statue of liberty

For God, Country, and Coca-Cola

Coca-Cola Super Bowl commercial screenshot

Coca-Cola Super Bowl commercial screenshot

The highlight of the Super Bowl for me was Coca-Cola’s "America is Beautiful" commercial. The images of the American landscape are amazing and the song was beautiful. At first I was a bit confused by the different languages singing "America the Beautiful" (I’m slow…), but I caught on about halfway through. When the commercial ended, I looked over at my wife and said, “Wow. That was beautiful … Not worth four million dollars, but that was good.”

For the moment, let’s deal with any cynicism that the Coca-Cola Company is simply trying to sell us their product. Of course they’re trying to sell us their product; that’s why they spent millions on their ad, but along the way, Coke pointed to the reason that I love the United States. I love my country because it is a nation that welcomes the “Other.” Indeed, we haven’t always been good at this, and we still struggle with it, but the United States is a nation of immigrants. Even Native Americans, who have tragically been excluded from the land they’ve lived on for thousands of years, were originally immigrants who were welcomed by this land. This land has a long history of welcoming people into it, and so any act of excluding immigrants goes against its ideal of welcoming the “Other.”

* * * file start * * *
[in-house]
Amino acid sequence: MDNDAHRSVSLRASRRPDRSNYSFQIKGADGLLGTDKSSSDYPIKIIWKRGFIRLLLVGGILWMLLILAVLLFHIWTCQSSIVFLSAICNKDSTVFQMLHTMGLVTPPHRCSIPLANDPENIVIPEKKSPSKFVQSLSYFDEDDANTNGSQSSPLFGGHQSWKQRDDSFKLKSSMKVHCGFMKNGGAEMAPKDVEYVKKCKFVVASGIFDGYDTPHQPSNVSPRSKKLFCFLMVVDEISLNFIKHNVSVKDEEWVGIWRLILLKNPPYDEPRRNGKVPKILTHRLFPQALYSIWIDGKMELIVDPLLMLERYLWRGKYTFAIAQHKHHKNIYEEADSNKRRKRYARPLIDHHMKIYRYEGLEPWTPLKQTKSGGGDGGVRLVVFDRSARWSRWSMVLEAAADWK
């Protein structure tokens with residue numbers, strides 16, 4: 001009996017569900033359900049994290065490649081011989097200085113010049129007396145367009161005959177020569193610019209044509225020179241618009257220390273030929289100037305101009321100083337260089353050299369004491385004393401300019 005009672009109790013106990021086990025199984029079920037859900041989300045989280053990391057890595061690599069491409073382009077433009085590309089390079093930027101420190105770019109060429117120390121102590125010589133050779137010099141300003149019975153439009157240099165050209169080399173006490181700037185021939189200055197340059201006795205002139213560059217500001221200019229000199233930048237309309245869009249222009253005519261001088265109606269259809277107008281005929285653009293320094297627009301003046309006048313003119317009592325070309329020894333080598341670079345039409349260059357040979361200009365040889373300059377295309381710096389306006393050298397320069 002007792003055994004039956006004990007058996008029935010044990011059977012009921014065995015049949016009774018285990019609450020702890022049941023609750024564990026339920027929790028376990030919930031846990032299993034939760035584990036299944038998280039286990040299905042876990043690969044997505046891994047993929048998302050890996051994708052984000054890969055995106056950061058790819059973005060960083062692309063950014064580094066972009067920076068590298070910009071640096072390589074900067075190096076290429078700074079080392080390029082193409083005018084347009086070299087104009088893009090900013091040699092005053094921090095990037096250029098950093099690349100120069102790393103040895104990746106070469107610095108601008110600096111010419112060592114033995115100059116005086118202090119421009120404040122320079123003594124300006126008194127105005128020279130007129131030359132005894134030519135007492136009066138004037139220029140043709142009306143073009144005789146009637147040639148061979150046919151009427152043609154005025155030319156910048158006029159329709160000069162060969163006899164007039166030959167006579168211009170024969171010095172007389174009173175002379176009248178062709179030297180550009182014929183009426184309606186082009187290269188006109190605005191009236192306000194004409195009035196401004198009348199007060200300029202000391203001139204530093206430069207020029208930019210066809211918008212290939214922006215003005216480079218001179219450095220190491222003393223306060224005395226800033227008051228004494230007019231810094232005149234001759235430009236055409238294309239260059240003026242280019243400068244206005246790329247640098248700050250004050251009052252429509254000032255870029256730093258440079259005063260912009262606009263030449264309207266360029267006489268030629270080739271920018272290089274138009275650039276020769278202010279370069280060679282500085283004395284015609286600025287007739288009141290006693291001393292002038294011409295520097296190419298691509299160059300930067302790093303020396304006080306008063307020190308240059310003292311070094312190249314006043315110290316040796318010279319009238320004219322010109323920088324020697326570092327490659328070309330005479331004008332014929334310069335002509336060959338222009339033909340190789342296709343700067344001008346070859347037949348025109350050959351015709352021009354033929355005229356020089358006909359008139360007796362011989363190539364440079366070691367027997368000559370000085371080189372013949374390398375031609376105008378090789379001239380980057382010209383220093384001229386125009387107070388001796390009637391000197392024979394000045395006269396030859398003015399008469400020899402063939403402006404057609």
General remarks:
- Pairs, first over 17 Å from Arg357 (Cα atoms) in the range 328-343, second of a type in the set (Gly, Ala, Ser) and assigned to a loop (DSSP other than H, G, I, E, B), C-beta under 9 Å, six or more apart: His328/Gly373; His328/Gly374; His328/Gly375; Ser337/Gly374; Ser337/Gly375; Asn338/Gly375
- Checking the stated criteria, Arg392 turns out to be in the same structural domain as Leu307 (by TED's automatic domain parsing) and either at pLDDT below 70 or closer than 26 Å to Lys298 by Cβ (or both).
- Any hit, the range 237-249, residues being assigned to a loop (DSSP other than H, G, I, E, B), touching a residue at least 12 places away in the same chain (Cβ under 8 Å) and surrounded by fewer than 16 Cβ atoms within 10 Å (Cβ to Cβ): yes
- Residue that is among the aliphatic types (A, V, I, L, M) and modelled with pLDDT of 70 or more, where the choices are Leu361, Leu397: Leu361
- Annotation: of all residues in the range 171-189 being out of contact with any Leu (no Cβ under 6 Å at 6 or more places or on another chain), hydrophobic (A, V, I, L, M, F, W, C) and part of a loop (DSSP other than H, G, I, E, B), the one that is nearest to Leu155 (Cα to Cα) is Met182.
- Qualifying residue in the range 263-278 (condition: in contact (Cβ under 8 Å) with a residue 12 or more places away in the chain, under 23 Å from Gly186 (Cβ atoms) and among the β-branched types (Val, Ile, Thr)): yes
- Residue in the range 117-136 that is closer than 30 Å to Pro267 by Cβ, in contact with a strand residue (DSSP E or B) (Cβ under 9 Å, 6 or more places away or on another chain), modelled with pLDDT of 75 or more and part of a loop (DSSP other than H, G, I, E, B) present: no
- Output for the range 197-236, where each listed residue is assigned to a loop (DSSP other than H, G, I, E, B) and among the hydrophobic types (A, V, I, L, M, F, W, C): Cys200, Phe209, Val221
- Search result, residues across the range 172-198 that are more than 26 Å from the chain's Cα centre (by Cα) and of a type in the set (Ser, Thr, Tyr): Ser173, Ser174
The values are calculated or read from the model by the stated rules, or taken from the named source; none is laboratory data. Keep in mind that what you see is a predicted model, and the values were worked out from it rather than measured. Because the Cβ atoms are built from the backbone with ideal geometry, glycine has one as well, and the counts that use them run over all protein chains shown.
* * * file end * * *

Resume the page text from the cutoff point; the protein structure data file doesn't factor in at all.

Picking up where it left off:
Immigrants Just Won't Go Away

"'Lord, when was it that we saw you hungry and gave you food, or thirsty and gave you drink? And when was it that we saw yo a stranger and welcomed you, or naked and gave you clothing? And when was it that we saw you sick or in prison and visited you?' And the king will answer them, 'Truly I tell you, just as you did it to one of the least of these who are members of my family, you did it to me.'"

           --Matthew 25. 37-40

All this immigration talk reminds me of an encounter my wife and I had at a fast food restaurant in Atlanta. The night manager was Hispanic. He came by our table to make sure everything was all right. We started talking. I told him how troubled I was over our immigration debate. 

That casual remark opened his door wide. He told me how scared many of his friends were. Some had already left the state. He told me they only wanted to work and send money back home where things were so tight. One very sick friend, he said would not go to the doctor or hospital because she was afraid of being deported. He told me he kept reading that these immigration laws had nothing to do with racial profiling. 

He shook his head. “I have been stopped six times in the last few months mostly because I was Hispanic.”

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